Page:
Rajapaksa brothers: Playing musical chairs in Lankan politics

Rajapaksa brothers: Playing musical chairs in Lankan politics

The powerful Rajapaksa clan has been dominating Lankan political scene for at least two decades despite various corruption and human rights allegations against them

The Sri Lankan economic crisis has plunged the country into turmoil. Widespread protests have pushed the Rajapaksa government into a corner. Fiscal mismanagement has resulted in unprecedented fuel, food, medicines and power shortage and the people’s ire is directed towards the powerful Rajapaksa family, whose members occupied major positions in the government.

Gotabaya Rajapaksa is the President, his elder brother Mahinda Rajapaksa, former President, is the Prime Minister, younger brother Basil Rajapaksa was till a few days ago the finance minister and the eldest, Chamal Rajapaksa, a former speaker, was the irrigation minister. Their father DA Rajapaksa was a prominent politician in the island’s Hambantota region.

Mahinda, the driving force

The driving force behind this domination of the Rajapaksa clan in Lankan politics is the present Prime Minister and former two-time President Mahinda Rajapaksa. A lawyer by profession, Mahinda served as the President of Sri Lanka for two consecutive terms from 2005 to 2015. It was during his reign that LTTE leader V Prabhakaran was killed (in 2009) and war for Tamil Eelam ended. This made him a mascot for Sinhalese-Buddhist majority in the country. He, thus, was the one who raised the family’s status domestically as well internationally.

But, during his presidency, Mahinda faced many allegations — curbing judicial and press freedoms and favouring his own community, the Sinhalese, over the Tamil minority. He lost power to M Sirisena in 2015. In a twist of fate, Sirisena, finding it difficult to govern, made Mahinda his Prime Minister in 2018. The Supreme Court though overturned his appointment and he had to resign in eight weeks from the post. He had served as Prime Minister earlier also for a little over a year from 2004 to 2005. He also was leader of the opposition from 2002 to 2004 and 2018 to 2019, and as finance minister from 2005 to 2015 and 2019 to 2021.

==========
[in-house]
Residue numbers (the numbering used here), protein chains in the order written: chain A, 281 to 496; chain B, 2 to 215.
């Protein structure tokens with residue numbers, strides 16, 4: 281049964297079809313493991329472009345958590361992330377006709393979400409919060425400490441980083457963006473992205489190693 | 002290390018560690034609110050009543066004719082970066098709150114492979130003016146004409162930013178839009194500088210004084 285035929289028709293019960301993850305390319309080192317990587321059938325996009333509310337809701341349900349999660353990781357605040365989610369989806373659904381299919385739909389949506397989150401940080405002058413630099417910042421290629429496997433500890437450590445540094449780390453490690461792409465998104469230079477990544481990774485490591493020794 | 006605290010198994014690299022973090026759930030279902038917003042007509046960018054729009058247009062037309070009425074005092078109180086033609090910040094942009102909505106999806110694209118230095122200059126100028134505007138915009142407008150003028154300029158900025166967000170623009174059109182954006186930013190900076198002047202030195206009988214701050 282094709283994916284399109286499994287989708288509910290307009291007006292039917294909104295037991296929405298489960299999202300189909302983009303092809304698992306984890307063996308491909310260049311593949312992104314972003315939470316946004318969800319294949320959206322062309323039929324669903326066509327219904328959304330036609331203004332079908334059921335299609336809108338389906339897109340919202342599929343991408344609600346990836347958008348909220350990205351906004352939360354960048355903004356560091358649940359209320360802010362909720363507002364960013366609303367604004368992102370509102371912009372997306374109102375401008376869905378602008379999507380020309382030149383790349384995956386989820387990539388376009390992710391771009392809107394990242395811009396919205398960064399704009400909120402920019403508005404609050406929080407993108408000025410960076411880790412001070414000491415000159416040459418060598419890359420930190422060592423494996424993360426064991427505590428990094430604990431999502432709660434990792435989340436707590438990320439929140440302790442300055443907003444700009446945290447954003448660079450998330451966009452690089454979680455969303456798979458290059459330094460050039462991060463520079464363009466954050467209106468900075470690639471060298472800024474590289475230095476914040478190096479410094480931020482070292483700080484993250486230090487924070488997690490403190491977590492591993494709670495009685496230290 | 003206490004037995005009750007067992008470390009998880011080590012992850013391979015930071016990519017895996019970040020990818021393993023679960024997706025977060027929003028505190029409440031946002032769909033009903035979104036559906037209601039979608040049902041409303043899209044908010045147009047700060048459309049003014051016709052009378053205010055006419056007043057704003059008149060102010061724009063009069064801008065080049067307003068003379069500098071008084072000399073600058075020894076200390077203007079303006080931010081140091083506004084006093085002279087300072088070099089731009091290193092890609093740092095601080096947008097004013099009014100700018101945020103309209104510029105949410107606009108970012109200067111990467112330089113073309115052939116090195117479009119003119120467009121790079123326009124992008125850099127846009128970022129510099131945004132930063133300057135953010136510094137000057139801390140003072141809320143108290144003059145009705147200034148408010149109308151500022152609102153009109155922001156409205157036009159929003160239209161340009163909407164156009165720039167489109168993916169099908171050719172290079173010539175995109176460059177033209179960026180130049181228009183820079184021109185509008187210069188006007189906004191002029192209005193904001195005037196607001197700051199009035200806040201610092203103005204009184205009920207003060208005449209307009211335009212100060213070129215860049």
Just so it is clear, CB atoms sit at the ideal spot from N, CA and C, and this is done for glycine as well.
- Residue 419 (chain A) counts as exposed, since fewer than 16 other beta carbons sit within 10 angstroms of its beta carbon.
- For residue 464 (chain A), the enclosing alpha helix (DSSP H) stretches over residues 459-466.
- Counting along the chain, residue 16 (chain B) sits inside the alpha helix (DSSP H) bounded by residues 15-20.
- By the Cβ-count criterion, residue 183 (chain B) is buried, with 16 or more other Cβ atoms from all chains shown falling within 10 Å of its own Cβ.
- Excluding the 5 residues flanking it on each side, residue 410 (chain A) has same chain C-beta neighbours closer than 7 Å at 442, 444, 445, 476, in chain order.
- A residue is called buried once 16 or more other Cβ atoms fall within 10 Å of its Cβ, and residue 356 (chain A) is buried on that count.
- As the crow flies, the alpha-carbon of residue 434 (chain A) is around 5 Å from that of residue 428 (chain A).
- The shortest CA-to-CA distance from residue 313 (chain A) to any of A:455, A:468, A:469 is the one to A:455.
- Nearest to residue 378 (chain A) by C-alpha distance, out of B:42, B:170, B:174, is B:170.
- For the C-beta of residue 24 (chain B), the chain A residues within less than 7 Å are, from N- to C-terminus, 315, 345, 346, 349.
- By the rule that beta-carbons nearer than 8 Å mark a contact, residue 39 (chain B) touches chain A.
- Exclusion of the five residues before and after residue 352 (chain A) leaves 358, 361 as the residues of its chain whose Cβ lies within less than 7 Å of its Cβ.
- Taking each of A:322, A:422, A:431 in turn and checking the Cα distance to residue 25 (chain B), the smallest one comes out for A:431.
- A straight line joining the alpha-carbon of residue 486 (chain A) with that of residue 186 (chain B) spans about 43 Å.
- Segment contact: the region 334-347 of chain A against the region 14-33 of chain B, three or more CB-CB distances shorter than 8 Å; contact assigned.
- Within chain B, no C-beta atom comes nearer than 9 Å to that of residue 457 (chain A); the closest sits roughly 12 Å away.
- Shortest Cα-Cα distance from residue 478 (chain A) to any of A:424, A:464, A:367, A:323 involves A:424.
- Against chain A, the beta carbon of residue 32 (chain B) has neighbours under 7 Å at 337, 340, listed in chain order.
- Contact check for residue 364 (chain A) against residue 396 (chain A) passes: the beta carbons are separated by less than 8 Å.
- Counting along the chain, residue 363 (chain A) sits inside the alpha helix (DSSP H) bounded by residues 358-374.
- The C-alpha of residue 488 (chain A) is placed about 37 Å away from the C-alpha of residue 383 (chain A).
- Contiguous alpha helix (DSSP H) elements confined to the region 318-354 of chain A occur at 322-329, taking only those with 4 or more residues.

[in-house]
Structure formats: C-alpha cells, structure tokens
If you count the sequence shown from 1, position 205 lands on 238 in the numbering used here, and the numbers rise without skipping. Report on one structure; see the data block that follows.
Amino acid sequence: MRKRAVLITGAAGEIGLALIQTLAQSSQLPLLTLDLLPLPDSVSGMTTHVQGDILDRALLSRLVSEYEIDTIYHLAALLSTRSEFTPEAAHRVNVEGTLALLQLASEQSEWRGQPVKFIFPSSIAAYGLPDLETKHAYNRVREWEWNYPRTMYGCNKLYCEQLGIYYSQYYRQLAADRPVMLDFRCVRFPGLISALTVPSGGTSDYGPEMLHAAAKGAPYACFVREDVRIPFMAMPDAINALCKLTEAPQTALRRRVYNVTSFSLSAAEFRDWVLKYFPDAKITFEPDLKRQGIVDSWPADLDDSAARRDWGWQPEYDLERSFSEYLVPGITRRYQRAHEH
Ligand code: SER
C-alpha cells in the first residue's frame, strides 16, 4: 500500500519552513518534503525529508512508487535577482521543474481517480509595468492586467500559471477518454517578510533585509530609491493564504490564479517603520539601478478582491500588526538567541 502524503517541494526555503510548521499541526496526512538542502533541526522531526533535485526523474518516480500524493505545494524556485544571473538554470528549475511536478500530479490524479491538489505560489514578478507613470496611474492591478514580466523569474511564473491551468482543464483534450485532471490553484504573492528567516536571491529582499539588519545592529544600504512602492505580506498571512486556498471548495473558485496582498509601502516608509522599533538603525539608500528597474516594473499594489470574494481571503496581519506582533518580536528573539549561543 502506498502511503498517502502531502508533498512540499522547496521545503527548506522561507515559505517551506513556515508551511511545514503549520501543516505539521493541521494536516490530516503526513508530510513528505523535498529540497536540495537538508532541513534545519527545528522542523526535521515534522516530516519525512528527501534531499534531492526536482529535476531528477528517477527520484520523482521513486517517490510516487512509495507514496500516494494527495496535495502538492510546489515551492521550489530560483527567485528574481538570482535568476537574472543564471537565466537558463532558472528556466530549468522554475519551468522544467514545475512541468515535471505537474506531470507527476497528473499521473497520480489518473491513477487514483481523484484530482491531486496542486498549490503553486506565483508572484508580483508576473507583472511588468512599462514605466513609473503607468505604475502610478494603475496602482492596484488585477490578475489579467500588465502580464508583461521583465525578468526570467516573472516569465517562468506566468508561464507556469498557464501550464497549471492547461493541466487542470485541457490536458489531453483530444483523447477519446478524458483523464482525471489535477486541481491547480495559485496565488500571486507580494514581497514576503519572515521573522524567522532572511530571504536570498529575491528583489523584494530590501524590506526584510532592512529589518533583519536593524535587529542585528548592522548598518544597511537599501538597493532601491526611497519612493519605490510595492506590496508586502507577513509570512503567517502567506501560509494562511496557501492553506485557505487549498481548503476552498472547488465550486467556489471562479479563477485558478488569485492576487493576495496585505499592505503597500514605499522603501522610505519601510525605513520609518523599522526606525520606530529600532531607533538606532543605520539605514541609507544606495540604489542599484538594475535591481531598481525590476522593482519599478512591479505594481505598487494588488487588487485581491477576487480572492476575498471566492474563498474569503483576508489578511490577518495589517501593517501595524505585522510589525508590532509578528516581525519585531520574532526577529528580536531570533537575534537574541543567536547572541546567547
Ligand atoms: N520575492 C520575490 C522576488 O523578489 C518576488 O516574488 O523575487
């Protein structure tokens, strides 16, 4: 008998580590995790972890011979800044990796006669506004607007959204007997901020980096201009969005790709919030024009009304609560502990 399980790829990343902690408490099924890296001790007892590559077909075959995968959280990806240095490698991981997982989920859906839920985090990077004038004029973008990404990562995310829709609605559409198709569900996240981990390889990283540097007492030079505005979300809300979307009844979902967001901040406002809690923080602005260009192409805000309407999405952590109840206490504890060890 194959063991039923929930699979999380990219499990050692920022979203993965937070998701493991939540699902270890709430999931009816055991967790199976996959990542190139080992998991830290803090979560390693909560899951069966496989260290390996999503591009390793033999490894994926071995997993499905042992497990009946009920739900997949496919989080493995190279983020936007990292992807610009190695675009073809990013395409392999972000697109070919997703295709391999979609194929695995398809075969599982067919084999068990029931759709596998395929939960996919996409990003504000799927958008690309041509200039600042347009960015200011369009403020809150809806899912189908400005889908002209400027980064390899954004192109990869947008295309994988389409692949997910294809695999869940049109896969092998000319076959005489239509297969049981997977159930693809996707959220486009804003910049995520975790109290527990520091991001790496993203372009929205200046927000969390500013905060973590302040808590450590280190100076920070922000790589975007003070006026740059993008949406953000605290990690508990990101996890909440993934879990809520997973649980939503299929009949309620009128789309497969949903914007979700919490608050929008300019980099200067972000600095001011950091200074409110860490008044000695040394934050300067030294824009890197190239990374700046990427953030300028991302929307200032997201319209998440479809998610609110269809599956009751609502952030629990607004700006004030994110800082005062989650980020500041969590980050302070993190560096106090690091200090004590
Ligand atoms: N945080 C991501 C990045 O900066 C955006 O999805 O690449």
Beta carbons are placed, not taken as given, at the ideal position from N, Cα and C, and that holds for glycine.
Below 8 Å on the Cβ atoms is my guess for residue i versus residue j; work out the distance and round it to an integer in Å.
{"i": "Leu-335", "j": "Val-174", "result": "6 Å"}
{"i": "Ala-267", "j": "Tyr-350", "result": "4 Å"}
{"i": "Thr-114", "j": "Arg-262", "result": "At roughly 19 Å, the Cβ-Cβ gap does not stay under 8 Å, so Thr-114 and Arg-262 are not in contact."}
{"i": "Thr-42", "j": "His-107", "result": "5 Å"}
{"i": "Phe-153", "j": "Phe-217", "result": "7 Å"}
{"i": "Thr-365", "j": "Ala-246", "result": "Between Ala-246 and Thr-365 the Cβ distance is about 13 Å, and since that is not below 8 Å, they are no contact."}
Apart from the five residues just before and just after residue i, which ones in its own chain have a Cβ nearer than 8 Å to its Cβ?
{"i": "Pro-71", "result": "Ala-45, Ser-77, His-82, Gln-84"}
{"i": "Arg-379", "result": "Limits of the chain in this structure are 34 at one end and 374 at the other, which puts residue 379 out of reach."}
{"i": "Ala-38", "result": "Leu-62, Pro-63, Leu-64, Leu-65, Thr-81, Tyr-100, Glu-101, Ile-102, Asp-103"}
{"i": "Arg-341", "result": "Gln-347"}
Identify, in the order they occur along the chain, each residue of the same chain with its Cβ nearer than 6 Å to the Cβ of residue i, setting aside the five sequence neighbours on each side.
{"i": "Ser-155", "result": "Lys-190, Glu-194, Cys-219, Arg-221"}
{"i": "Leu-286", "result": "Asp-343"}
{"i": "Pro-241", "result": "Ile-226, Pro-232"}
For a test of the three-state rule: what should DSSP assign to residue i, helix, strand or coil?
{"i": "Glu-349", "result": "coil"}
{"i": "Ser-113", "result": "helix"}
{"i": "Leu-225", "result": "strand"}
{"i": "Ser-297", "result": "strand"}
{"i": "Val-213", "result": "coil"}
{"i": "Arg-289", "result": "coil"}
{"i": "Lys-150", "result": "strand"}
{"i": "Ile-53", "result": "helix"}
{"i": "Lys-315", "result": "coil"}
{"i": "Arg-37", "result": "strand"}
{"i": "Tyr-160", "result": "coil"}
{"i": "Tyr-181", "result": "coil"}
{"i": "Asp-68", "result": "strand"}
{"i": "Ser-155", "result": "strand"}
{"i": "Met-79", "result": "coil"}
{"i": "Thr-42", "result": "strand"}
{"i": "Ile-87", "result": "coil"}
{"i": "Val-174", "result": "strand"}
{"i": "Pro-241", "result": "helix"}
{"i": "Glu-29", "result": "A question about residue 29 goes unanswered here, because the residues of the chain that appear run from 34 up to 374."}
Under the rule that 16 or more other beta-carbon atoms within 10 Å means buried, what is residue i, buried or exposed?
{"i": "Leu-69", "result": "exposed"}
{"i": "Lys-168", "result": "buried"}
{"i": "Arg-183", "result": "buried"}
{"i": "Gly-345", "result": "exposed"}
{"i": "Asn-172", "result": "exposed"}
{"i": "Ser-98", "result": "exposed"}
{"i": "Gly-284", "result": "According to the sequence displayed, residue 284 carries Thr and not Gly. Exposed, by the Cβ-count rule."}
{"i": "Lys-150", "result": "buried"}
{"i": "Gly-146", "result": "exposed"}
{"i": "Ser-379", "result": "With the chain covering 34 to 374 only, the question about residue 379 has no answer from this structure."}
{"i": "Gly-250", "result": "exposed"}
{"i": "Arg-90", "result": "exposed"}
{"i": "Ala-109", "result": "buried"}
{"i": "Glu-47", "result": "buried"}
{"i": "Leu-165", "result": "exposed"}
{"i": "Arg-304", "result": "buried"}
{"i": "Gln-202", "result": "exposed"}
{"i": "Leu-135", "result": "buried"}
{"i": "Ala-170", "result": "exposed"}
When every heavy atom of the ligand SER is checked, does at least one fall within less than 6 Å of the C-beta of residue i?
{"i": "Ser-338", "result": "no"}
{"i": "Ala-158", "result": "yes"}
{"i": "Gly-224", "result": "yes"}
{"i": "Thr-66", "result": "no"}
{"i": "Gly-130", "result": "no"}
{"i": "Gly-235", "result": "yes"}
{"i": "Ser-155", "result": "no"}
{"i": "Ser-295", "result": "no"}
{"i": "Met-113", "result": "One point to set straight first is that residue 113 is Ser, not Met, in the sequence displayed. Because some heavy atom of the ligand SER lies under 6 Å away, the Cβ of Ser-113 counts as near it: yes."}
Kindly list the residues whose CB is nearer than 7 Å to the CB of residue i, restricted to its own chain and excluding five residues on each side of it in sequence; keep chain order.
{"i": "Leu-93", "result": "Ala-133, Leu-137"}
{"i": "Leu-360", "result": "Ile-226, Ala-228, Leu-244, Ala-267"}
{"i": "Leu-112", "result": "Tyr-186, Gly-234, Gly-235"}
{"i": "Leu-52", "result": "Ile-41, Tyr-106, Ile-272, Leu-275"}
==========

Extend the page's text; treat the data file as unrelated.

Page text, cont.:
In 2019, Rajapaksas stormed back to power. Only that instead of Mahinda, his younger brother Gotabaya became the President. A two-term cap on Presidency had barred Mahinda from contesting for the country’s highest office. Gotabaya though appointed Mahinda as the Prime Minister.

Gotabaya, soldier-turned-President

Gotabaya, currently the President, had joined the Sri Lankan Army in 1971. In 1998, he took early retirement and went to the United States only to return in 2005 following Mahinda’s victory in the 2005 presidential election. He became Secretary to the Ministry of Defence and in 2009, during his tenure, the Sri Lankan Armed Forces defeated the LTTE. After Mahinda’s defeat in 2015, Gotabya resigned. In 2019, he won the presidential election. He is the first person with a military background to be elected as President of Sri Lanka.

Gotabaya promoted himself as the “doer”, promising prosperity in the country. This made him popular among Sinhalese-Buddhist voters. Gotabaya, feared by the minorities, has been accused of human rights violations during and after the civil war, like running death squads targeting dissidents and journalists.

Basil, the next in line

After Mahinda and Gotabaya, Basil Rajapaksa is considered to be the next in line. The younger brother was the finance minister in the present government. He resigned with other members of the cabinet a couple of days back following economic unrest in the country. From 2005 to 2010, he was senior advisor to President Mahinda Rajapaksa.

Basil is credited for strengthening the Sri Lanka Podujana Peramuna (SLPP) party and one of the main forces behind Rajapaksa clan’s return to power in 2019. Basil commanded greater influence as a chief strategist, reports The Hindu. Basil too faces corruption charges and a 2007 US Embassy cable published by WikiLeaks called him “Mr Ten per cent”, citing commissions he allegedly took from government contracts, according to a Hindu report.

Chamal, the silent one

The eldest brother Chamal Rajapaksa is the least influential among the four. He was the Speaker of the Parliament from 2010 to 2015. He also served as the Minister of Ports and Aviation and the Minister of Irrigation and Water Management then. Before entering active politics in 1985, he had served in the Ceylon Police Force as a sub-inspector for eight years and the State Trading General Corporation as Assistant General Manager.

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